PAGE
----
“Children of my own to be fed”: A Look at Working Mothers’ Responsibilities

Published in the February 1971 issue of Up From Under, Rhoda Gaye Ascher’s “Friday Night Program” establishes the struggles of a working mother. This poem highlights a mother’s state of exhaustion because of societal expectations.

The poets of the Women’s Liberation Movement unify readers through their candid recounts of their shared experiences as both a mother and a worker. In Up From Under’s second issue’s editorial statement, published in September 1970, the editors describe the struggles of women, who are mothers and workers. They state “if a woman works outside the home because of economic need she is forced to have two full-time jobs, as she still must fulfill her primary function as housewife and mother” (Albert et al. 2). In the February 1971 issue of Up From Under, the editor featured Rhoda Gaye Ascher’s poem titled “Friday Night Song,” which explores this burden. The speaker details a mother and wife’s labor following her own full day of work. She considers:

Kitchen on my own to be scrubbed so white
Children of my own to be fed
Man of my own waitin’ for me tonight
So much to say. (Ascher 24)

Ascher emphasizes that many women work full time jobs to support their family; however, unlike their husbands, they do not have the privilege of relaxation when returning home. Instead, women, particularly mothers, are expected to clean and maintain the house while also raising the children. In this piece, Ascher highlights that she must do all her household work “on my own…with my weary, weary feet” (Ascher 24). Here, she underlines her exhaustion, which her state of constant service perpetuates. Even though she returns home for the weekend, the only reprieve she receives is from her societally-approved job. Society treated motherhood and housework as women’s obligatory duties. They did not value the dedication required to raise a child and tend to a family’s needs. Yet, feminist poets, like Ascher, strive to overcome society’s failures. In their poetry, they endow recognition of a mother’s hard work. Therefore, readers, many of whom are mothers, feel heard and understood. Up From Under unites the readers, invigorating them to upend society’s disregard for mothers’ arduous experiences.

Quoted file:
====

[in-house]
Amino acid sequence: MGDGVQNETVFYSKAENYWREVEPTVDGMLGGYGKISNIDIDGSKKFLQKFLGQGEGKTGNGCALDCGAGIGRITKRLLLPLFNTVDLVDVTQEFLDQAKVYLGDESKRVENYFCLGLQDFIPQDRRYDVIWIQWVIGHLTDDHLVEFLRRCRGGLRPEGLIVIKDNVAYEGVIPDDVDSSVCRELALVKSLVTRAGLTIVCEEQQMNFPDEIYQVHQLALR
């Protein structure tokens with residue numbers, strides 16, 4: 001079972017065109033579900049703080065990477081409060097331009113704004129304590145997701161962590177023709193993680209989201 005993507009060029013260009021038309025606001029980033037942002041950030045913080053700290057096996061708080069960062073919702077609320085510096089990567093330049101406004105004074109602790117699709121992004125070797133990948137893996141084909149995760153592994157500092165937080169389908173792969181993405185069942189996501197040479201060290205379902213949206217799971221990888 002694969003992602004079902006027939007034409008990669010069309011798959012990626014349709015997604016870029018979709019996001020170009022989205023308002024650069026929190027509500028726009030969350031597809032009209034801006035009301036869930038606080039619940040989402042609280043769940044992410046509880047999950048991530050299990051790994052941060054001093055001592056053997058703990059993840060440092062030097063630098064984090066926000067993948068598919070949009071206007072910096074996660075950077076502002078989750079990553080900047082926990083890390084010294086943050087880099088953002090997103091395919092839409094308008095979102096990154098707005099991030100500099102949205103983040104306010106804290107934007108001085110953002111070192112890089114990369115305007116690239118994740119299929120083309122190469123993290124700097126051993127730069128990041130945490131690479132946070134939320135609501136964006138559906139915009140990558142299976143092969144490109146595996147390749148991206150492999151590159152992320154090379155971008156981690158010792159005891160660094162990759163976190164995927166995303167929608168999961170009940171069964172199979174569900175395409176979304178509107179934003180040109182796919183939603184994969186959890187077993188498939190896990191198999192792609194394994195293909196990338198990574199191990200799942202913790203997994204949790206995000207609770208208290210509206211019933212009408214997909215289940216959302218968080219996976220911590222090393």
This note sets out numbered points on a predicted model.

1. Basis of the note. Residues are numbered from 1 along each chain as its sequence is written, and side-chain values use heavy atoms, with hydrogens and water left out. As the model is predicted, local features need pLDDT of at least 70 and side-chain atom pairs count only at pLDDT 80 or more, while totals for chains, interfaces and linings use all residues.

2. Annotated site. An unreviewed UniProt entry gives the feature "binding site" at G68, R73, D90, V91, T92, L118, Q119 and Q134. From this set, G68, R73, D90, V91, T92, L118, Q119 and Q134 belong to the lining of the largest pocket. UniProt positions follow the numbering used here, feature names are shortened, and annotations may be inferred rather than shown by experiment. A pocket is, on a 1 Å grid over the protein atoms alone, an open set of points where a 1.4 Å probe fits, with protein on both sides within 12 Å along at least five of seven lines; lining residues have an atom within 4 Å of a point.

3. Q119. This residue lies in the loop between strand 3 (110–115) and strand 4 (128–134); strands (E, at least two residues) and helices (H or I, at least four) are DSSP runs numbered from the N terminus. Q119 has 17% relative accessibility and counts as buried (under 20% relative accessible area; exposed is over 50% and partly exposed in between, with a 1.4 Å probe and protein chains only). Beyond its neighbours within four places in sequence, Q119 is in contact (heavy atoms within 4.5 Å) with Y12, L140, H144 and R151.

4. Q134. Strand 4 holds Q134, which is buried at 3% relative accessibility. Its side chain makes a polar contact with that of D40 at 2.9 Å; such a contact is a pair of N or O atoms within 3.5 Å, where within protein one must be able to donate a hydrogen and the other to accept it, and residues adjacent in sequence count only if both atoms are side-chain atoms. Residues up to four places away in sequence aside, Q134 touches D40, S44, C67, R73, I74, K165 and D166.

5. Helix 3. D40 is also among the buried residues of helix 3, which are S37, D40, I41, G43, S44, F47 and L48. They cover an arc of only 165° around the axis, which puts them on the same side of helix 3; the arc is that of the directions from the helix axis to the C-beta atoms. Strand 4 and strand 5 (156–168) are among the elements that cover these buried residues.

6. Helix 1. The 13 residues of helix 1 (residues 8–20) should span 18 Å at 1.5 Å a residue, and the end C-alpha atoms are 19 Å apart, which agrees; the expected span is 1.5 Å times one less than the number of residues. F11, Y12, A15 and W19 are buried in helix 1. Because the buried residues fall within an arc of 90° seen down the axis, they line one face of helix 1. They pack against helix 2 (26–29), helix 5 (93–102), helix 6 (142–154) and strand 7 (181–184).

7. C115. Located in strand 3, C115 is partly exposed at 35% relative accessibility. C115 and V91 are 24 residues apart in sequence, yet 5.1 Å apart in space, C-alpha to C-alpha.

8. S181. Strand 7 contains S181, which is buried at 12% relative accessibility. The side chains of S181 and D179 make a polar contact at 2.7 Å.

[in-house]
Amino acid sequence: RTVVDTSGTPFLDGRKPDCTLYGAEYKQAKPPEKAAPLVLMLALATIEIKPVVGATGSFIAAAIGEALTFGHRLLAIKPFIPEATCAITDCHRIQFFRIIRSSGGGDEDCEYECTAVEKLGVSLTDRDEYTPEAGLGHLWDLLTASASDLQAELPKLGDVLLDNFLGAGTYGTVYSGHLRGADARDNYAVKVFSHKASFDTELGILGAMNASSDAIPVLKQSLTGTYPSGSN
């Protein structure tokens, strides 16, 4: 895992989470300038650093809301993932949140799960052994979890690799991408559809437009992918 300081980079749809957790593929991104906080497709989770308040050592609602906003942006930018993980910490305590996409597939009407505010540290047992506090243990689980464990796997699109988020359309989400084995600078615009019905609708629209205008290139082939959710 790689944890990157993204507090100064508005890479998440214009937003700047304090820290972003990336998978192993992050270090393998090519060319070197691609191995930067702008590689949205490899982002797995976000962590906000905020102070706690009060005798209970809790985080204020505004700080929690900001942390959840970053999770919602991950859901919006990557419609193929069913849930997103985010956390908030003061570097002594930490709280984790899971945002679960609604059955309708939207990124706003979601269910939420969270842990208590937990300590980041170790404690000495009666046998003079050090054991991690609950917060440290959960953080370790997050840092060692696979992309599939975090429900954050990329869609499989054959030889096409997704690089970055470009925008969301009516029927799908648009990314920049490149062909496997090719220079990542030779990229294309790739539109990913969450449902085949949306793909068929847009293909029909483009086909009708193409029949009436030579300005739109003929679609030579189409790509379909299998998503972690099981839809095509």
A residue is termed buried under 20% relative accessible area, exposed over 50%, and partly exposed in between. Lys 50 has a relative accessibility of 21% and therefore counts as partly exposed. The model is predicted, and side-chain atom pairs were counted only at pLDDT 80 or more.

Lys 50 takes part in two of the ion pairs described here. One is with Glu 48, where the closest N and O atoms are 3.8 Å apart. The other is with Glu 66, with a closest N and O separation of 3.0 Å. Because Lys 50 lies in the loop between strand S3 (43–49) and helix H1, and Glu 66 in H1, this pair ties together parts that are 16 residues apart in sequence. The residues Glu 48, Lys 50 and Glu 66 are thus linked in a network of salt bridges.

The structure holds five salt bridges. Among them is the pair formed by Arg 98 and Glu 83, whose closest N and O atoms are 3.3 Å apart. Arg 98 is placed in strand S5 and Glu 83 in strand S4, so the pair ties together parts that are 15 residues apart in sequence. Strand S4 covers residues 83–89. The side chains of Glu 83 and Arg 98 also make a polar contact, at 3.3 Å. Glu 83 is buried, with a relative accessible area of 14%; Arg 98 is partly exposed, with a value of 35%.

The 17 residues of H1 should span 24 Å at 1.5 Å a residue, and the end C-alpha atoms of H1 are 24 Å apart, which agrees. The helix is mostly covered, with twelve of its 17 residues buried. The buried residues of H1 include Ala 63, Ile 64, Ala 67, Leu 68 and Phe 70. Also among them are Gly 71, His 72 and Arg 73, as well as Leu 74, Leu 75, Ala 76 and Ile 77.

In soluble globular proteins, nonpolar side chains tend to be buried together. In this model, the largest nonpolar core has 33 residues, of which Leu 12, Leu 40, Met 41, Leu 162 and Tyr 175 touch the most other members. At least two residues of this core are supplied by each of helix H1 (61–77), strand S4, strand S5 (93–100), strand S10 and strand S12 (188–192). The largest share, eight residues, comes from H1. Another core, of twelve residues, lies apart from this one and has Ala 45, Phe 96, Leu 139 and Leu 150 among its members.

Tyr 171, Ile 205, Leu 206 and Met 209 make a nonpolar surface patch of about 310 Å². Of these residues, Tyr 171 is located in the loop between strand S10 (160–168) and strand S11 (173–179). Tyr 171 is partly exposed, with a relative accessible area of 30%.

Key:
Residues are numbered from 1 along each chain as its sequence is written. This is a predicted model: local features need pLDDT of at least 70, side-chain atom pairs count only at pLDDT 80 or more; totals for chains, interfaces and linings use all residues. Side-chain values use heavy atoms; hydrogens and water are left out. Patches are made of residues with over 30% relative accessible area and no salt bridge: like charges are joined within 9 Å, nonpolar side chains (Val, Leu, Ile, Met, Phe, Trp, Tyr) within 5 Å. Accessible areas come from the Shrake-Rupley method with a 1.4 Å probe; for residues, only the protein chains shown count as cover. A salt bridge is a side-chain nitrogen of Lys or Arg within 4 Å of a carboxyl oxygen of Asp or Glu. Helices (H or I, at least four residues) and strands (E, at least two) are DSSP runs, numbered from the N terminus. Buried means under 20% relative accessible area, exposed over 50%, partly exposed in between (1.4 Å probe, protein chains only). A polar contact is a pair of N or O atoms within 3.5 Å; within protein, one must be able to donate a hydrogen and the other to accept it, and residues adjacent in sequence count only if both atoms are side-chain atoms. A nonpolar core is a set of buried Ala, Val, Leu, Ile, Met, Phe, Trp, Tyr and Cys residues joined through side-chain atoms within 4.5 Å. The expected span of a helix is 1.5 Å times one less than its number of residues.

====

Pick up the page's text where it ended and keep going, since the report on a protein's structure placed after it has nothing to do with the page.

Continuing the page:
Albert, Marilyn, et al., editors. Up From Under, vol. 1, no. 2, 1970, pp. 1–69.

Ascher, Rhoda Gaye. “Friday Night Song.” Up From Under , vol. 1, no. 3, 1971, pp. 24.